When I ventured to Brazil in the early 1990s to study the deep history of the Xingu, lost cities were the furthest things from my mind. I had read Steinen but had barely heard of Fawcett. Although much of the vast Amazon basin was archaeological terra incognito, it was unlikely that ethnographers, much less local Xinguanos, had missed a large monolithic center towering over the tropical forests.
Nevertheless, signs of something more elaborate than present-day settlements were all around. Robert Carneiro of the American Museum of Natural History in New York City, who lived with the Kuikuro in the 1950s, had suggested that their settled way of life and productive agricultural and fi shing economy could support communities 1,000 to 2,000 strong—several times the contemporary population of a few hundred. He also cited evidence that indeed it once had: a prehistoric site (designated “X11” in our archaeological survey) that was surrounded by extensive ditches. The Villas Boas brothers— Brazilian indigenistas who were nominated for a Nobel Peace Prize for their part in creating the Xingu park—had reported such earthworks near many villages.
In January 1993, soon after I arrived in the Kuikuro village, the principal hereditary chief, Afukaka, took me to one of the ditches at a site (X6) they call Nokugu, named for the jaguar spirit being thought to live there. We passed local men who were raising a huge fish weir across the Angahuku River, which was already swelling from the seasonal rains. The ditch, which runs over two kilometers, was two to three meters deep and more than 10 meters wide. Even though I had expected to fi nd an archaeological landscape different from today’s, the scale of these ancient communities and their constructions surprised me. Kuikuro research assistants and I spent the following months mapping it and other earthworks at the 45-hectare site. Since that time, our team has studied numerous other sites in the area, hacking more than 30 kilometers of line-of-sight transects through the forest to map, examine and excavate the sites. Many Kuikuro helped in one way or another, and some became well versed in archaeology.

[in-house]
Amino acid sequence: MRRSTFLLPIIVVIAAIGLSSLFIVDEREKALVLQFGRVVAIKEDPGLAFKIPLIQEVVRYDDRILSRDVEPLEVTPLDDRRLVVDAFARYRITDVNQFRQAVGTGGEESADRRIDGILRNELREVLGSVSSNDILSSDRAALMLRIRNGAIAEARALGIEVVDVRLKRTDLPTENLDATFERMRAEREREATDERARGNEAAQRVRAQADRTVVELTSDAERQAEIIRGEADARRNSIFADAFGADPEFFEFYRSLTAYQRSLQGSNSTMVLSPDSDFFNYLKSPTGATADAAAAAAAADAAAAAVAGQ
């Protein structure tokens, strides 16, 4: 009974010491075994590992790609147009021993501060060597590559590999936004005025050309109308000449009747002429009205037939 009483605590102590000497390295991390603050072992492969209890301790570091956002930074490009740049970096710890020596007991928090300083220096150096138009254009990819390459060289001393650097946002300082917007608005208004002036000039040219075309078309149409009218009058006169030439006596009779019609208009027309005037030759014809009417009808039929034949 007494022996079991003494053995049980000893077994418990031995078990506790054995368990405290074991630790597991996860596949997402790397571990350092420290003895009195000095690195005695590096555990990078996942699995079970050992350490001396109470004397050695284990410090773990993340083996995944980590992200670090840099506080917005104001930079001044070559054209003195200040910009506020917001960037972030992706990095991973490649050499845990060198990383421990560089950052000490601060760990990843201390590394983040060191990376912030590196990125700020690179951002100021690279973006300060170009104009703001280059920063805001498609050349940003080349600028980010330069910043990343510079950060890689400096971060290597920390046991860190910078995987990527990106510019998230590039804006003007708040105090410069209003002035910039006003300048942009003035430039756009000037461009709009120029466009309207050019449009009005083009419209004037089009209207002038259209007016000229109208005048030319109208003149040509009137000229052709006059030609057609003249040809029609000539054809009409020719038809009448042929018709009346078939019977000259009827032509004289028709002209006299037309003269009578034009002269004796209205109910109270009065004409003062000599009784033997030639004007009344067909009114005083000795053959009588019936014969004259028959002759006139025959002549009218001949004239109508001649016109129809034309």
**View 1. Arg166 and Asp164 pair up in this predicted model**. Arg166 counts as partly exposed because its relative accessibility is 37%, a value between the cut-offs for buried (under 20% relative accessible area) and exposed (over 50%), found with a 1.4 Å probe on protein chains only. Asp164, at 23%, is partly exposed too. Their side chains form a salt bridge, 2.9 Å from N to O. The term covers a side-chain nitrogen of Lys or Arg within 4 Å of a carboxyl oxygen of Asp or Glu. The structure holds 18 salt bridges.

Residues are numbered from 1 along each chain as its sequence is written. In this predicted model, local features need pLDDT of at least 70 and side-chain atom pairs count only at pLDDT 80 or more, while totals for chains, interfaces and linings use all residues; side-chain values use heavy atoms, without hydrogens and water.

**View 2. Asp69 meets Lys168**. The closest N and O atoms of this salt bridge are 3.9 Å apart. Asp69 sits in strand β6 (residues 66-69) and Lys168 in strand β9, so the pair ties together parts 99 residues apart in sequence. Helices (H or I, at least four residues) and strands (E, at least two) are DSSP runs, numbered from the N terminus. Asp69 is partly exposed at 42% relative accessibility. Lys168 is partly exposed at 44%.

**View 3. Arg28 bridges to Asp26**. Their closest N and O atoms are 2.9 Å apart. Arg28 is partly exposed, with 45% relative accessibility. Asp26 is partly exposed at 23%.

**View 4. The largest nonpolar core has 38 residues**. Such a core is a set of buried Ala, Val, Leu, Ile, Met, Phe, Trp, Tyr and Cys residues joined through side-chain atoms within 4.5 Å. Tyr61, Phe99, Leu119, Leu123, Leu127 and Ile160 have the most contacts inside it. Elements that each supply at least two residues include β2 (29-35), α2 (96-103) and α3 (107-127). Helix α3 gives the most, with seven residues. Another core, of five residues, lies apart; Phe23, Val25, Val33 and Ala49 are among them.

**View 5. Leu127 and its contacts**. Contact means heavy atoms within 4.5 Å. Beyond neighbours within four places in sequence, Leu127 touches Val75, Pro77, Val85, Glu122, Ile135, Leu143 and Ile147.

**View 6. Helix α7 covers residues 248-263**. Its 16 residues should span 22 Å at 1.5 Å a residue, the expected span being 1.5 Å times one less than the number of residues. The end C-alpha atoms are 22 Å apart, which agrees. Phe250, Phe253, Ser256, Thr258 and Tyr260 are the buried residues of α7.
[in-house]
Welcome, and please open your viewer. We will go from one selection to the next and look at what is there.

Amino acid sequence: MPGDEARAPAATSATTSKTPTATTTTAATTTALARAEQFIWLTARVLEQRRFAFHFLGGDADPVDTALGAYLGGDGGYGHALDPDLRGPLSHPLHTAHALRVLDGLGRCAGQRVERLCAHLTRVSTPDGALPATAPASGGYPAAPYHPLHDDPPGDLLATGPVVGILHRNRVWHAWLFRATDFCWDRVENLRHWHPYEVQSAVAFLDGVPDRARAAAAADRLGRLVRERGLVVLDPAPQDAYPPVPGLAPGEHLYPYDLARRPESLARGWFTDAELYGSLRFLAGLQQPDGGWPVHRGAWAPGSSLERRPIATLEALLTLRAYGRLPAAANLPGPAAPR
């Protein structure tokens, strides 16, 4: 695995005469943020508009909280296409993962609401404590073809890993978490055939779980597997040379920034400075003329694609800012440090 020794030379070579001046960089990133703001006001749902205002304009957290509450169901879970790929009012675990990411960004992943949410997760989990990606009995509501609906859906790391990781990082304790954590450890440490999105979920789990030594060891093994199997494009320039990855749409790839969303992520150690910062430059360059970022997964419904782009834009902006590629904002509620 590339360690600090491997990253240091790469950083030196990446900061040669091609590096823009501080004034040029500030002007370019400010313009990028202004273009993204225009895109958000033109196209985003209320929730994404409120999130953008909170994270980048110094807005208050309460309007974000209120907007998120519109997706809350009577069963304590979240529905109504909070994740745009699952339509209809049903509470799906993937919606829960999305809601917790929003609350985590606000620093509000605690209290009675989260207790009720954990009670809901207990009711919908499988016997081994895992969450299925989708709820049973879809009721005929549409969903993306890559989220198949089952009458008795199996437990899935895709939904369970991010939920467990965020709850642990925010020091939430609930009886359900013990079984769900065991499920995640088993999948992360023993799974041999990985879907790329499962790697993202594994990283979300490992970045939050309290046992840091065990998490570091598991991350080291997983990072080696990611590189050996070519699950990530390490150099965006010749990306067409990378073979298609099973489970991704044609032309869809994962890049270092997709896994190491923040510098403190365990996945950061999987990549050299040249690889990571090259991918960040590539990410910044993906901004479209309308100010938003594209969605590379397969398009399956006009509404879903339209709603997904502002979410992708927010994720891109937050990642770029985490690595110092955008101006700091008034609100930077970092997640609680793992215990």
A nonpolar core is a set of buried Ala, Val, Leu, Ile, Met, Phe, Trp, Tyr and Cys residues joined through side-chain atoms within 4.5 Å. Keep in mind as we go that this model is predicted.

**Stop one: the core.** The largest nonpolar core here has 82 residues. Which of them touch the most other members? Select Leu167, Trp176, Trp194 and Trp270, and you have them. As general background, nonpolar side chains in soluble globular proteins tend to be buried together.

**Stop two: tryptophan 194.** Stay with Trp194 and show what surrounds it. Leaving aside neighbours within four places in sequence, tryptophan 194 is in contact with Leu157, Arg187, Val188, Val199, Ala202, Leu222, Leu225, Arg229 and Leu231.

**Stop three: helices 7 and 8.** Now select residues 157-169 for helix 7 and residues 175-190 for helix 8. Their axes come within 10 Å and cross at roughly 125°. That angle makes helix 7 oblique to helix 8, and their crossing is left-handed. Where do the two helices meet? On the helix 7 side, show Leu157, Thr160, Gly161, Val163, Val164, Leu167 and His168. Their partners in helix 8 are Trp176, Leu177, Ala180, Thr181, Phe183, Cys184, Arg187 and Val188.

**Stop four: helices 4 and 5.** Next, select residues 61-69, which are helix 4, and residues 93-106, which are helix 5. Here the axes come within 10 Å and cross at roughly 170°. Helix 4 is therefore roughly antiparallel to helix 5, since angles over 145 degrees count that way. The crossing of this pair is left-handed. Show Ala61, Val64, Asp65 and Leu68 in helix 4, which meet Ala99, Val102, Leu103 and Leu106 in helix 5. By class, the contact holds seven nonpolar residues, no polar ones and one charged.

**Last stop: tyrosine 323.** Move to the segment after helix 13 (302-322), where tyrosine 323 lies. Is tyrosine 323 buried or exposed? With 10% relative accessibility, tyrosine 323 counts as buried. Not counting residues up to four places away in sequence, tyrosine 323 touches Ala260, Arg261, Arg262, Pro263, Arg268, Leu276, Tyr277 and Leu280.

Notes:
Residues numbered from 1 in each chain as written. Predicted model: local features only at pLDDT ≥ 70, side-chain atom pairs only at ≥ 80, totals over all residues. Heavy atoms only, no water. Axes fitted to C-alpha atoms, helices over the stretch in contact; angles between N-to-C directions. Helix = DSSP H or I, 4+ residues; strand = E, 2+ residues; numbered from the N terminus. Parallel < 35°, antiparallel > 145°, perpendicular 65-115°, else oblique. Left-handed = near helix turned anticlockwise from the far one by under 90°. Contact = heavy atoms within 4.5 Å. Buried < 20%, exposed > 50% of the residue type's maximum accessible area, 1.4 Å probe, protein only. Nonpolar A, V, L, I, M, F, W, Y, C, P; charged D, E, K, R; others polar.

At the end of 1993, Afukaka and I went back to Nokugu so I could tell him what I had learned. We followed the contour of the site’s outer ditch and stopped at an earthen bridge, where a major road we had uncovered passed over it. I pointed down the arrow-straight ancient dirt road, which was 10 to 20 meters wide and led to another ancient site, Heulugihïtï (X13), about five kilometers away. We crossed the bridge and entered Nokugu.
The road, defined by low earthen curbs, widened to 40 meters—the size of a modern four-lane highway. After a couple of hundred meters, we passed over the inner ditch and stopped to look at our recently finished excavation trench, where we had found a funnel-shaped footing for a tree-trunk palisade. Afukaka told me a story of palisaded villages and raids in his people’s distant past.
As we moved farther into the ancient town, we passed through patches of forest, scrub and open areas that now cover the site—the footprints of diverse past activities. We emerged into a grassy glade of towering palms marking the former plaza. I slowly spun and pointed along the perfectly circular edge of the plaza, marked by a meter-high mound. The tall palms, I told him, had colonized the plaza centuries ago from compost gardens in domestic areas.
Leaving the plaza to explore the surrounding neighborhoods, we came across large refuse middens that closely resembled the one behind Afukaka’s own house. They were fi lled with broken pots that he noted were exactly like those his wives used to process and cook manioc, down to minute details. On a later visit, when we were excavating a pre Columbian house, the chief bent down in the central kitchen area, popped out a big hunk of pottery, and corroborated my sense that the daily life of the ancient society was much like today’s. “You’re right!” Afukaka exclaimed. “Look here, a pot support”— an undagi, as the Kuikuro call it, used to cook manioc.
These connections are what make the Xinguano sites so fascinating. They are among the few pre-Columbian settlements in the Amazon where archaeological evidence can be linked directly to present-day customs. Elsewhere, the indigenous culture was completely wiped out, or the archaeological record is spotty. The ancient orienwalled town I showed Afukaka was much like his current village, with its central plaza and radial roads, only it was 10 times larger.
Radiocarbon dating indicates that people have lived in the upper Xingu for at least 1,500 years.
6th century. The ancestors of today’s inhabitants moved in from the west.
13th century. Groups organized themselves into integrated clusters with a regional population estimated at 30,000 to 50,000.
1542. Spanish conquistador Francisco de Orellana led the fi rst European expedition down the Amazon, as chronicled by Gaspar de Carvajal.
18th century. Slave raids further decimated the Xinguano people.
1884. German anthropologist Karl von den Steinen visited the Xingu and estimated a population of 3,500.
1950s. Orlando, Cláudio and Leonardo Villas Boas led a campaign to found the Xingu reserve. The Xinguano population was about 500.
Source of Information : Scientific American October 2009